Matthew Field was appointed in January 2018 as Her Majesty’s Ambassador to Bosnia and Herzegovina, and in August 2018 he officially assumed the function of Ambassador.
He joined the UK Foreign Office in 2003. He worked in the Middle East Peace Process, then as a resource manager, he was the head of the Europe Directorate in Croatia, and he worked as the political adviser to the EU Special Representative in Skopje, Macedonia. Later on, he worked in the US Directorate as well as a political counsellor in Brazil.
Field worked as the Head of the Political Department of the EU Delegation and the Office of the Special Representative of EU in BiH in the year of 2016.
TST: Mr Field, you are in Bosnia and Herzegovina for almost five months. What was your most liking in BiH, and what was the least?
FIELD: I feel very lucky to have been appointed British Ambassador to a country as interesting and diverse as BiH. There is a great deal to enjoy about life here – the fantastic countryside, the cultural life, the outdoor activities, and the rich history. But for me it is the people that are the greatest thing about BiH, their talent, warmth, and humour. The things I struggle with are the same things for many citizens, such as poor infrastructure, and bad air quality. But what I find most frustrating is the lack of real political determination to improve the country, and to act in the best interests of all citizens.
TST: What are your priorities for Bosnia and Herzegovina?
FIELD: The UK’s priorities are the same as those of people here – creating more and better jobs, stronger rule of law, reduced corruption, and better public services. All of this helps to create a more stable and prosperous BiH, one that young and qualified people do not need to leave in order to find opportunities to succeed.
TST: Which politician from Bosnia and Herzegovina would have the most success in the UK?
FIELD: That’s a really interesting but difficult question. Our parliamentary system requires a strong link between a politician and the people in their constituency, so it is probably easier to think of examples here of local leaders and mayors who have demonstrated the focus on meeting citizen needs which gets you elected in the UK. At the same time, I am regularly impressed by the success of people originating from this region in all walks of life, in the UK and around the world – as politicians, business people, musicians, athletes and much more.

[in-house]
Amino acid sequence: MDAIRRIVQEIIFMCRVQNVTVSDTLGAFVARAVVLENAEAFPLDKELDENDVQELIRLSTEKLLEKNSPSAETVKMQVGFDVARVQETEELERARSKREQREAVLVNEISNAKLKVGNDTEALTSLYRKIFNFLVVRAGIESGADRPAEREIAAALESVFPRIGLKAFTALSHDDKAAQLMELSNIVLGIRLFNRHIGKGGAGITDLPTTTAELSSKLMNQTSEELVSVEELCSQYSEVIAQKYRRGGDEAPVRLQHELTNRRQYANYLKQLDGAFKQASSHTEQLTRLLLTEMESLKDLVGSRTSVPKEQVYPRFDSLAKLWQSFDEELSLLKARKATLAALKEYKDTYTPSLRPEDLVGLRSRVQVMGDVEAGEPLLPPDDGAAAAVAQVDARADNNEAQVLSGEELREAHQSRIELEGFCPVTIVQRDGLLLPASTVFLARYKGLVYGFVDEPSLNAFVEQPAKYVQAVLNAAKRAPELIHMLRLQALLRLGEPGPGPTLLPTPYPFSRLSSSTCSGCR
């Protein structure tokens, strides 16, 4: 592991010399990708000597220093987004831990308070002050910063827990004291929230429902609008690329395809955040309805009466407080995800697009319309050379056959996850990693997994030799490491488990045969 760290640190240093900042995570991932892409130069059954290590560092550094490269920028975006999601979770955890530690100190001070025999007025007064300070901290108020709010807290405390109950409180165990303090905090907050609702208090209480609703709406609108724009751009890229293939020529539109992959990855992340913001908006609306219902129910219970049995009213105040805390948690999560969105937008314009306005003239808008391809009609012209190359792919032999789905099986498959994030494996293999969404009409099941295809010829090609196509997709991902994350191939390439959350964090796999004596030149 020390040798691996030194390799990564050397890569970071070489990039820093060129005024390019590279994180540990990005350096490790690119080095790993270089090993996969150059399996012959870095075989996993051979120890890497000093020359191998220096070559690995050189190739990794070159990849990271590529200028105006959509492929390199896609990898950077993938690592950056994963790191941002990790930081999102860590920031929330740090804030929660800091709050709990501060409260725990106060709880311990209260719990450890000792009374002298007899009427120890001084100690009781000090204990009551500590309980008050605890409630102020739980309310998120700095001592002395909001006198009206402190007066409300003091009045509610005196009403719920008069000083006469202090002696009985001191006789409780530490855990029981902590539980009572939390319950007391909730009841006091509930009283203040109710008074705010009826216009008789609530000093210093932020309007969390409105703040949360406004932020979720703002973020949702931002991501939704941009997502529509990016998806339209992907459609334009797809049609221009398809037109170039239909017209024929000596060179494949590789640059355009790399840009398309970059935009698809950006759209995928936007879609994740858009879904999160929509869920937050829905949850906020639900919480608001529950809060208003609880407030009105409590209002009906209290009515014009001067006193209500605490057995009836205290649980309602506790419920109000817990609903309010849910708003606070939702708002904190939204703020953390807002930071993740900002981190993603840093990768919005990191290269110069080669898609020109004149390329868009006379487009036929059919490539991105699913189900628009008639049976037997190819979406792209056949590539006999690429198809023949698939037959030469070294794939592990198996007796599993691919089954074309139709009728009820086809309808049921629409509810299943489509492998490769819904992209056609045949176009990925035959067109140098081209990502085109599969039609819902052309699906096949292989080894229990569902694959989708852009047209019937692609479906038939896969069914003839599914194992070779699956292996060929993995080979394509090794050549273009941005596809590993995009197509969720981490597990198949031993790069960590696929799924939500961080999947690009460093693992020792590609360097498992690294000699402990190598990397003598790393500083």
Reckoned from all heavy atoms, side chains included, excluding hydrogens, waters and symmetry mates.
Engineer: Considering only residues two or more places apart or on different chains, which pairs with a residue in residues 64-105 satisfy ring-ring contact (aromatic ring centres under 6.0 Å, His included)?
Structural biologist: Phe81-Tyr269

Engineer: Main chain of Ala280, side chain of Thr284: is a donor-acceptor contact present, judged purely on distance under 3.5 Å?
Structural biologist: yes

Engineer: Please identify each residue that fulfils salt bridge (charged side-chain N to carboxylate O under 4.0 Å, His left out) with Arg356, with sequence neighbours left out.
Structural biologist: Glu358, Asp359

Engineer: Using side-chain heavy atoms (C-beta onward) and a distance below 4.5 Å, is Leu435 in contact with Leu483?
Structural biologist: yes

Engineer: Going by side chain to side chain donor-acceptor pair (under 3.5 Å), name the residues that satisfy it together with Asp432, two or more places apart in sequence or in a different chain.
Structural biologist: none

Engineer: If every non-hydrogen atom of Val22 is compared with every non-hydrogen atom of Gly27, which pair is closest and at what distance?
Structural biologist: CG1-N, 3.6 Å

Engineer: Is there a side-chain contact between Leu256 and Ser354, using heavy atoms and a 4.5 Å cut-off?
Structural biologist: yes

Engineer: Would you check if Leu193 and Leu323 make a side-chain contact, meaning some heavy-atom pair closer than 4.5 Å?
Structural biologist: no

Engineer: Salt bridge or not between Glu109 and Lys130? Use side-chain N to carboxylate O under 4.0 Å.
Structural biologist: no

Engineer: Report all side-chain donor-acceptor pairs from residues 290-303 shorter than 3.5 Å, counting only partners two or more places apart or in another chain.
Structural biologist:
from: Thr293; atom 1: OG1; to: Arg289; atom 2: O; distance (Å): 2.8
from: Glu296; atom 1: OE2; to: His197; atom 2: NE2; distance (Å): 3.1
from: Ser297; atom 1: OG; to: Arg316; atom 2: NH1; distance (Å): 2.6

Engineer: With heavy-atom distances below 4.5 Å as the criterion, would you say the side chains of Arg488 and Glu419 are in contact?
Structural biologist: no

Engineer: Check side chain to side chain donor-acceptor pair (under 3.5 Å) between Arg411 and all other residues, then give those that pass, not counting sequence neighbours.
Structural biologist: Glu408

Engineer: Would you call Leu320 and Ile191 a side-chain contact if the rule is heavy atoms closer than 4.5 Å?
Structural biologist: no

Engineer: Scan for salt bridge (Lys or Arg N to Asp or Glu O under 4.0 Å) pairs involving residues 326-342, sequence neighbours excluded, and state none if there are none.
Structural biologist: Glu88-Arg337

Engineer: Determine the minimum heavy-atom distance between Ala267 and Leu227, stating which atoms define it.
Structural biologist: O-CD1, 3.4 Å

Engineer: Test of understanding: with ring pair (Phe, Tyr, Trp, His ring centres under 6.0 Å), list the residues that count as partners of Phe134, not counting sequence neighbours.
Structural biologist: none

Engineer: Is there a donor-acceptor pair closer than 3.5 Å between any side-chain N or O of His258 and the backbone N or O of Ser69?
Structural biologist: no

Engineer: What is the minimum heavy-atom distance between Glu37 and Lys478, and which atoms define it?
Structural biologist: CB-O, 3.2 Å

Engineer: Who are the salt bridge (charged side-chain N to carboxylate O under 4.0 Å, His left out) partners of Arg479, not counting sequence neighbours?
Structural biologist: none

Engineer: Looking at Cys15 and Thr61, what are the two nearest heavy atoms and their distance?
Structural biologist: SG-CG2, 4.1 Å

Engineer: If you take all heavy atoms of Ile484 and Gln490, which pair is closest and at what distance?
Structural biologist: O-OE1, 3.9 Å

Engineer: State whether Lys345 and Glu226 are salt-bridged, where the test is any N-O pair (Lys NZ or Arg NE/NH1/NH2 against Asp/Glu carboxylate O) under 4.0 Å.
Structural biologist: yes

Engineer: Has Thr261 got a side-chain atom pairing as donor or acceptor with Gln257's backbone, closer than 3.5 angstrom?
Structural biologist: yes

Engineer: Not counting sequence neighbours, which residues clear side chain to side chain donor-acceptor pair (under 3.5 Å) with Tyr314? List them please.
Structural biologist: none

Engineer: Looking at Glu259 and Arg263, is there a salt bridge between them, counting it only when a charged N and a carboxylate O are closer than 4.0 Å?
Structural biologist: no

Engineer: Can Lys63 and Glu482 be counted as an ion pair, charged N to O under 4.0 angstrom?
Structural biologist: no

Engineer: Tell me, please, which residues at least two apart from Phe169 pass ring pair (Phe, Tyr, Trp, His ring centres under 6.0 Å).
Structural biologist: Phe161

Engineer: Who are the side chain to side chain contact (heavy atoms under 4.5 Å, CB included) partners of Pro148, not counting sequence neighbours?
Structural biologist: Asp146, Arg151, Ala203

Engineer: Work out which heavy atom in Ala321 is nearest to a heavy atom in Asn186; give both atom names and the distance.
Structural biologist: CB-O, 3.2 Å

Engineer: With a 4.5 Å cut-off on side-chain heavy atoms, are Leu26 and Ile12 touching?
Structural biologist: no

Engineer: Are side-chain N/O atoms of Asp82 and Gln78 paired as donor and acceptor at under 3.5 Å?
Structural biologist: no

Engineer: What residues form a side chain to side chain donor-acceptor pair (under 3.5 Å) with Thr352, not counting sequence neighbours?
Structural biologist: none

TST: Is it a little unusual that the UK leaving the EU, urges BiH to enter the same EU?
FIELD: I would be wrong to tell someone to do something my own country was against. Brexit was a democratic decision, which the UK government will respect and implement. The people of BiH, across the whole country, have chosen the EU path, and that is a democratic decision which the UK will respect. We will also continue to provide practical support along the way, because BiH’s success is good for all of us. Brexit will not mean less of the UK in BiH, but quite the opposite. We are increasing our bilateral assistance programmes, and our partnership in tackling the challenges that people in this country face.
TST: Give me two arguments why is good for BiH to enter in EU?
FIELD: Again, it’s not for me to tell citizens of BIH what is good for them. But I do have personal experience working on the accession process here and in other countries of the region. The EU path provides a series of opportunities, to use the requirements of EU membership to bring about change the country itself wants to achieve. Improved environmental measures can help with air quality. Better business climate attracts more investment, and provides access to an export market of 450 million people. Higher education standards can prepare young people for 21st century jobs. Improved anti-corruption systems can root out this terrible blight on daily life. Better agriculture provides quality food and increase exports. These are opportunities which a country can take advantage of along the EU path, but it is up to the country to decide what it wants.
The fact is that people are already choosing the EU in huge numbers. They are not waiting for the EU to come to them, but leaving in search of the opportunity, freedom and rule of law that they see in EU countries. Leaders here need to reverse that trend by bringing those qualities and standards of living to BiH, and the EU path offers a way to do just that.
TST: What is your opinion on the initiative of the SDA about the abolition of the name Republika Srpska?
FIELD: As I said at the time, and the Peace Implementation Council collectively underlined, it is irresponsible of anyone to keep on raising issues from the past, let alone ones which are already clearly defined in the constitution and Dayton. I do not see how this proposal, and other similar ones, are meant to be constructive.
TST: How do you comment that Bosnia’s Presidency Chairman Milorad Dodik was whistled during his speech at the opening of EYOF 2019?
FIELD: I thought EYOF as a whole was a wonderful celebration of sport, and its power to unite people. I really appreciated the ‘Two Cities One Dream’ slogan, and the hard work of all, especially the Sarajevo and East Sarajevo mayors. I attended both opening ceremony in Sarajevo and closing ceremony in East Sarajevo, as well as curling matches in Pale. They were well hosted, and organisers deserve to be praised for that. During the opening ceremony, I heard noise during the speeches. I didn’t like it. Though I will admit it is not the first time I have heard a politician treated this way, including in Brazil and the UK. But that is a small footnote against the success of EYOF, and the way it showcased this country’s hospitality and love of sport. I think all of the visitors went away impressed by what they experienced here.
Author: Danka Savić